Fun facts in Twin Peaks FAQ
Authors of Twin Peaks FAQ, David Bushman and Arthur Smith, have written a jam packed book full of facts for both veterans and new comers of the show Twin Peaks. With Twin Peaks return to television slowly approaching, now is the perfect time to catch up on all things Twin Peaks related with Twin Peaks FAQ. Courtesy of io9 Gizmodo, below are some facts that diehards of the show may not have been aware of, such as…
1) The Twin Peaks actually have names
According to a Lynch-drawn map, they are White Tail Mountain and Blue Pine Mountain—though the actual peaks glimpsed in the show comprise Mount Si in North Bend, Washington, where many of the exteriors were filmed.
2) Twin Peaks, Washington was almost Twin Peaks, North Dakota
Lynch and his Twin Peaks co-creator, Mark Frost, first intended their mystery to unfold amid the isolation of the Great Plains, but abandoned that idea after realizing evergreen forests would offer a more mysterious visual backdrop than barren prairies.
3) David Patrick Kelly (Jerry Horne) played Luther in The Warriors
How have I never noticed this before?
4) The part of Josie Packard was originally conceived for a different foreign actress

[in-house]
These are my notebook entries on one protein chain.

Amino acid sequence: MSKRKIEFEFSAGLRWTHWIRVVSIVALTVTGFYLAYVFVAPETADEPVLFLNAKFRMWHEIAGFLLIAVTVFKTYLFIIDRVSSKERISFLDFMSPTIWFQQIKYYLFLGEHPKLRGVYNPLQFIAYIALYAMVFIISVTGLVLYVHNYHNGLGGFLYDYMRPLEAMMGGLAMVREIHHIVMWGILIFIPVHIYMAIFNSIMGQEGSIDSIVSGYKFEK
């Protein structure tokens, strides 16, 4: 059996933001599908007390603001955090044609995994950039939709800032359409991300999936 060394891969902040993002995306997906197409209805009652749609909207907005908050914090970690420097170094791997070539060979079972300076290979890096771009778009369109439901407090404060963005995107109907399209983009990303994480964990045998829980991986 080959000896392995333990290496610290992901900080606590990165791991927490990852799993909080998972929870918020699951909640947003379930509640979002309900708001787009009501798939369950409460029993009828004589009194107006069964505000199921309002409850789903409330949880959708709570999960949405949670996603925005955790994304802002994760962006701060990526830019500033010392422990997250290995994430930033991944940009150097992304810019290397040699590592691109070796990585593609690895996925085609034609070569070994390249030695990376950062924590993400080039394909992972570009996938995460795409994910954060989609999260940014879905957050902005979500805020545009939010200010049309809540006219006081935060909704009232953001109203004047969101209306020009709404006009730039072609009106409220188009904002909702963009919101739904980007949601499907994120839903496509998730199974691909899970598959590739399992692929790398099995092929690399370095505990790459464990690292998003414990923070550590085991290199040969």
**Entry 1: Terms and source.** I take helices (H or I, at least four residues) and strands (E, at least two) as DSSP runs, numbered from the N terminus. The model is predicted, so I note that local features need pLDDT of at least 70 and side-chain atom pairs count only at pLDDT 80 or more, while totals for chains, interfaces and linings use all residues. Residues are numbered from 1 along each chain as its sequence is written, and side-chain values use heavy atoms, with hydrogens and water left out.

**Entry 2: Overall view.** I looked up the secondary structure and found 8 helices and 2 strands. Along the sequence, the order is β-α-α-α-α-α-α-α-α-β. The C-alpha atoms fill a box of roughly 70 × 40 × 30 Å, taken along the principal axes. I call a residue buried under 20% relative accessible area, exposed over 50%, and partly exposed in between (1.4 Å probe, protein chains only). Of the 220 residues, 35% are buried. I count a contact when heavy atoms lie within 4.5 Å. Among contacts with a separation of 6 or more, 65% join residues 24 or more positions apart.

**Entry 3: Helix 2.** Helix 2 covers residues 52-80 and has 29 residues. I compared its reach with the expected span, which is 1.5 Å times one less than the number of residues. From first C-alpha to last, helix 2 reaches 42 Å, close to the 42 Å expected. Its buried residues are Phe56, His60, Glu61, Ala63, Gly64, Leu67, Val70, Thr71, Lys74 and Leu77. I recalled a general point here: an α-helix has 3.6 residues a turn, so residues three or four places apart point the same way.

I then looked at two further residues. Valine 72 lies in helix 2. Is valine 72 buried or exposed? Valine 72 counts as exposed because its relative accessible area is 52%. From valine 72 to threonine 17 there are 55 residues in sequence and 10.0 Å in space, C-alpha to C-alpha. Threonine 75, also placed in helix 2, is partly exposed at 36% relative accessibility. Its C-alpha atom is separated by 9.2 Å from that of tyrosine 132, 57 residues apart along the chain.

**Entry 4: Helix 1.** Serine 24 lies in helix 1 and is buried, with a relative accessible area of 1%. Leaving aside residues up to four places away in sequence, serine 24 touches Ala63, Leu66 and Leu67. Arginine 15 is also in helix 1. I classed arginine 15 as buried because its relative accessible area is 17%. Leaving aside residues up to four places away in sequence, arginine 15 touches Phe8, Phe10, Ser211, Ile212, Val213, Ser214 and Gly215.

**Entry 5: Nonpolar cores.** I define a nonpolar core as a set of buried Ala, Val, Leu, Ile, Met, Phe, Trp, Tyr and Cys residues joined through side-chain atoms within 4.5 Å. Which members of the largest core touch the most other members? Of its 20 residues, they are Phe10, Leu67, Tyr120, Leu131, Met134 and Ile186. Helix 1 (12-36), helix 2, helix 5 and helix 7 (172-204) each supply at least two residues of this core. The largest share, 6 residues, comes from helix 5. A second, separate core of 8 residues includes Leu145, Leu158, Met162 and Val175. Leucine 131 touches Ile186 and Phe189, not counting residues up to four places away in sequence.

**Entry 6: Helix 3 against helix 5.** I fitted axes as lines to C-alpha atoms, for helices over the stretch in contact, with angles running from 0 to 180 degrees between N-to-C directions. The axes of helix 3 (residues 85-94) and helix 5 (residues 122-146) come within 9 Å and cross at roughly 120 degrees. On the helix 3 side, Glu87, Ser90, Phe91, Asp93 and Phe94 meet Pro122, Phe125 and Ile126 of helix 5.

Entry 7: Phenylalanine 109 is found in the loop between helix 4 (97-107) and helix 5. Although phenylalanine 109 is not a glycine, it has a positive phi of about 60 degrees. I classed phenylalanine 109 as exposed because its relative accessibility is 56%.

And one who’d worked with David Lynch and Kyle MacLachlan before: Isabella Rossellini. Joan Chen ended up playing the femme fatale role instead. (Page 83)
5) David Lynch never liked Windom Earle
Agent Cooper’s former partner arrives in town late in Season Two, and he was modeled by Arthur Conan Doyle fan Mark Frost after Sherlock Holmes’ nemesis, Professor Moriarty. But Lynch “reportedly found the character unsubtle and uninteresting,” and rewrote a lot of the finale to replace Earle with Bob in the final clash with Cooper.
6) This is David Lynch’s favorite song
It’s “Song to the Siren,” by Tim Buckley. It’s mentioned by the authors because when Lynch was unable to secure the song’s use in Blue Velvet, he collaborated with composer Angelo Badalamenti on a different tune that’s sung by Julee Cruise in that movie. A few years later, Badalamenti penned Twin Peaks’ now-iconic themes, while Cruise popped up as the ethereal bar chanteuse at the Roadhouse.
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